Watersnakes is a modern fairy tale that is highly recommended.

An eerie fable about a ghost who carries the soul of an ancient king, and whose teeth are the king’s warriors. She kisses a living girl and vomits an octopus, who begs to be taken to the sea.

Best for fans of the surreal like Coraline. The mesmerizing story lingers like a remembered dream long after the last page is read. The dreamlike art perfectly matches the ethereal plot. 4 stars!

Thanks to Lion Forge and NetGalley for an advance copy in exchange for an honest review.

Posted in Graphic Novel Tagged with: ,

Outpost Zero Vol 1
November 13th, 2018 by diane92345

If you are a young adult and are not adopted, you may enjoy Outpost Zero Vol 1, a space opera set in the far future.

Sometime in the future, Denis and his wife, Jann, are on the Discovery Team, who look for life on their alien planet. Their 14-year-old daughter, Alea, wants desperately to join them so she secures a spot as an intern for the Team. Alea’s boyfriend, Steven, believes the Discovery Team is too dangerous but Alea isn’t swayed.

The family lives in the Outpost, an artificially created biome that allows humans to live in a large domed city on an alien planet. When Denis and Jann are outside the biome, they see a fast approaching weather cell that may spell doom for the biome and the humans that live inside.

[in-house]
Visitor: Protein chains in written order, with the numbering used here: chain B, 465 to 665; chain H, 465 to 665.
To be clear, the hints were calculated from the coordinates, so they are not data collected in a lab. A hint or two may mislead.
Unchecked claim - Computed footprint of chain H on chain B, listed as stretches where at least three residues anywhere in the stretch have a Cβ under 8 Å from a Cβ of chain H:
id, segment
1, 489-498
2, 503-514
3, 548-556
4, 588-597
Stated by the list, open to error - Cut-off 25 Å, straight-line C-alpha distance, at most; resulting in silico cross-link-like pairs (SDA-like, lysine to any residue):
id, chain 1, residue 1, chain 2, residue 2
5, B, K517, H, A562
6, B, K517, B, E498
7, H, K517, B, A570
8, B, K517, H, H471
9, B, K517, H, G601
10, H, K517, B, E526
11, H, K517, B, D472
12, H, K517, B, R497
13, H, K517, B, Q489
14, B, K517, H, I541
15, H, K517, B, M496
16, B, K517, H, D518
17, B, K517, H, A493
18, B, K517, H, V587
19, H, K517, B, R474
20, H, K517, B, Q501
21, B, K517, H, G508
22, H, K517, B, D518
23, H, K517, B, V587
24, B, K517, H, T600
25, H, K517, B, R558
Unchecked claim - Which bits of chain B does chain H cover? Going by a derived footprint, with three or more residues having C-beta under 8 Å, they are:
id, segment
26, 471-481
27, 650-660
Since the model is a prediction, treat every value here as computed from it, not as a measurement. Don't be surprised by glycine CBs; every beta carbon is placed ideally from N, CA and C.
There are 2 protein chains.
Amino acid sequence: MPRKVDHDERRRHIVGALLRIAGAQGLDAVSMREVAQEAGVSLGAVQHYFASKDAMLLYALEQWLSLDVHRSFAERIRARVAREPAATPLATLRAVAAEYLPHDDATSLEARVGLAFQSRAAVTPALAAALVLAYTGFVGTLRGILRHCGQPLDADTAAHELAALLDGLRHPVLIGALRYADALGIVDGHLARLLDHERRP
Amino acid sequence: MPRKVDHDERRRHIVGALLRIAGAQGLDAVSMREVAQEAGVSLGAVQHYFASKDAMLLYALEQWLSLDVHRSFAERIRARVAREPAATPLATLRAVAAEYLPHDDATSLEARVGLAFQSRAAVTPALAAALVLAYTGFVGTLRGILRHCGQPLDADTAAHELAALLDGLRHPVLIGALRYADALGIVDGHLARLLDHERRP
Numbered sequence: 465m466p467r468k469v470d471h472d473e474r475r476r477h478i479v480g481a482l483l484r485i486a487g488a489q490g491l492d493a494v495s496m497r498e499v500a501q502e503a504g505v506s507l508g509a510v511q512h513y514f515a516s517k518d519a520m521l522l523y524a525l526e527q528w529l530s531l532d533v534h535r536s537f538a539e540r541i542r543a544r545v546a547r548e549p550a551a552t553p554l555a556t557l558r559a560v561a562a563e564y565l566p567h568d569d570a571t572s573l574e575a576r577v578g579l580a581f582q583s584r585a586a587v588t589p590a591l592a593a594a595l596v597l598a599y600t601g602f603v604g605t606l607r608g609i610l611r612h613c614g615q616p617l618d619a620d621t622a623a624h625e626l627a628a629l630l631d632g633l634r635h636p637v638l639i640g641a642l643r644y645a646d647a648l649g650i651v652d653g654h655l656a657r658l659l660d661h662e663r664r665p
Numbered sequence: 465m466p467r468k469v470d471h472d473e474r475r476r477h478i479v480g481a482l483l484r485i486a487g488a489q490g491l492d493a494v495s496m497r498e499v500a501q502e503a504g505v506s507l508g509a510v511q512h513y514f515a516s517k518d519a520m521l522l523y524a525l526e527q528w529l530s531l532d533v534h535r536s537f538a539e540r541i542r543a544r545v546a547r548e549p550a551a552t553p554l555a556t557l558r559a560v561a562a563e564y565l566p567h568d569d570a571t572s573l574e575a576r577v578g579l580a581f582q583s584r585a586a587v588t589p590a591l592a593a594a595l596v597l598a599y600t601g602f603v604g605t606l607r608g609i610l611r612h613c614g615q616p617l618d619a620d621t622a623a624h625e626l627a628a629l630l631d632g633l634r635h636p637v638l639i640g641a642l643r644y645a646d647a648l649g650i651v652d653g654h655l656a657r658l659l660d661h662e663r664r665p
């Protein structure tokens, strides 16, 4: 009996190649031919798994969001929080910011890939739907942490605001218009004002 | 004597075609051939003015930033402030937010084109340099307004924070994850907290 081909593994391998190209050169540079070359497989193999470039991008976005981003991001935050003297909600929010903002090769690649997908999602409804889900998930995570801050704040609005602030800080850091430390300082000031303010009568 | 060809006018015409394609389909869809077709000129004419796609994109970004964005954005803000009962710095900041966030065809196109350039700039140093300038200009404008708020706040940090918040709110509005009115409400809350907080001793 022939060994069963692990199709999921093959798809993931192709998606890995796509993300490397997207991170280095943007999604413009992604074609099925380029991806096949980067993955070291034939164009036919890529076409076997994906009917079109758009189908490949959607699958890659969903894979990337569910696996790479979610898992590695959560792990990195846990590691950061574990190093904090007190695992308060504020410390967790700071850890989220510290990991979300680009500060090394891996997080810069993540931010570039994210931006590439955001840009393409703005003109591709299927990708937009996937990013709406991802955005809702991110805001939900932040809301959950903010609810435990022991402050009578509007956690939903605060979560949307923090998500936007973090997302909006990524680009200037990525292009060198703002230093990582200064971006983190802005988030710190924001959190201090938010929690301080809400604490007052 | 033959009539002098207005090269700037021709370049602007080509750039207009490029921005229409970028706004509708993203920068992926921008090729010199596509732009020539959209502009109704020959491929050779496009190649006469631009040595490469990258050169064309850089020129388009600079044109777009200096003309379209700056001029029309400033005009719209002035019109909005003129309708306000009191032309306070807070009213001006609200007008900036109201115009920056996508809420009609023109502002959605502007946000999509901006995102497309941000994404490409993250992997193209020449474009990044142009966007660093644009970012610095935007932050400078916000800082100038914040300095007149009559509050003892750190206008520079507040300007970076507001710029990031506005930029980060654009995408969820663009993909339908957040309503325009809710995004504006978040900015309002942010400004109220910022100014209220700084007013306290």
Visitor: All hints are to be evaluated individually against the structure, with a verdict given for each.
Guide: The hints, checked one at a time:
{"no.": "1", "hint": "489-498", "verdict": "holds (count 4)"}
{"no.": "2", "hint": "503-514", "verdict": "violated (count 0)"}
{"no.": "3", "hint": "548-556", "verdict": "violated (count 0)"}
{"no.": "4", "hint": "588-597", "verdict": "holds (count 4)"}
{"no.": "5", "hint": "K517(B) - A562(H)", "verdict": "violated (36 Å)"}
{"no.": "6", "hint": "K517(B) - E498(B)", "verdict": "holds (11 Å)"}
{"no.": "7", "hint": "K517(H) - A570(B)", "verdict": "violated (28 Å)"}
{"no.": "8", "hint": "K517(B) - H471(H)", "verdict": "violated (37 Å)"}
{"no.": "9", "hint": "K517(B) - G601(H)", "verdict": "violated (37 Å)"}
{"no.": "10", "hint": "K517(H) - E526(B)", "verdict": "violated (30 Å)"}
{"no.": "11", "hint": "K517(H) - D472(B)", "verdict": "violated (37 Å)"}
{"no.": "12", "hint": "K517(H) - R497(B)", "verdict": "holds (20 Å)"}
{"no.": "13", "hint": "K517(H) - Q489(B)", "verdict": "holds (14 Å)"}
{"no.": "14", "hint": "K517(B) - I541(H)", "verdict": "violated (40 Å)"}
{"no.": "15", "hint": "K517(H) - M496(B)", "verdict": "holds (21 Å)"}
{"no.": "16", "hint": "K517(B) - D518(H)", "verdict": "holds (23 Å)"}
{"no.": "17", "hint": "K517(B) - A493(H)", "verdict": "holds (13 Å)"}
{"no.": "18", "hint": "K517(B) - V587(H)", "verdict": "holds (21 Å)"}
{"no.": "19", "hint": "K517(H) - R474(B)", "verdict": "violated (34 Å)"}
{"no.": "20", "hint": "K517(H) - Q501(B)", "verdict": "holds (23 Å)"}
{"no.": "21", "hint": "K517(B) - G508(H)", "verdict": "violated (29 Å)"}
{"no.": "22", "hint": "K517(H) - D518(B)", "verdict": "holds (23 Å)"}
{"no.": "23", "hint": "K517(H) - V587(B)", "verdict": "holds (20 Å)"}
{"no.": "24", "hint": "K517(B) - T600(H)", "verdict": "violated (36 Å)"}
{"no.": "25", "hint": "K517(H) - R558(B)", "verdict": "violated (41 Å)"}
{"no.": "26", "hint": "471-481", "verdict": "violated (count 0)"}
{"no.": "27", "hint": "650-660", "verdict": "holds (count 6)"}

Outpost Zero Vol 1 has a good plot for young adult readers. There is a mystery but I don’t want to give any spoilers. The artwork is fine. The color palette of dusty blues and greens fits the mood inside a biome. However, I disliked this quote by Alea regarding the head of the biome who took in her son after his parents were killed, “What I mean is, do you think the Chief would do anything for Sam? Even though he isn’t really hers?” Jann’s response is even more insensitive to adoptive families, “Well, I think—she cares about Sam, wants him to succeed. Loves him like her own son. But when a child’s yours from the start—when they come from you…there’s a bond you can’t get any other way. It’s just the way it is.” This discussion wasn’t necessary to the plot and will hurt people’s feelings. I can’t recommend this book. 2 stars.

Thanks to Image Comics and Edelweiss+ for an advance copy in exchange for an honest review.

Posted in Graphic Novel, Science Fiction, Teen & Young Adult Tagged with: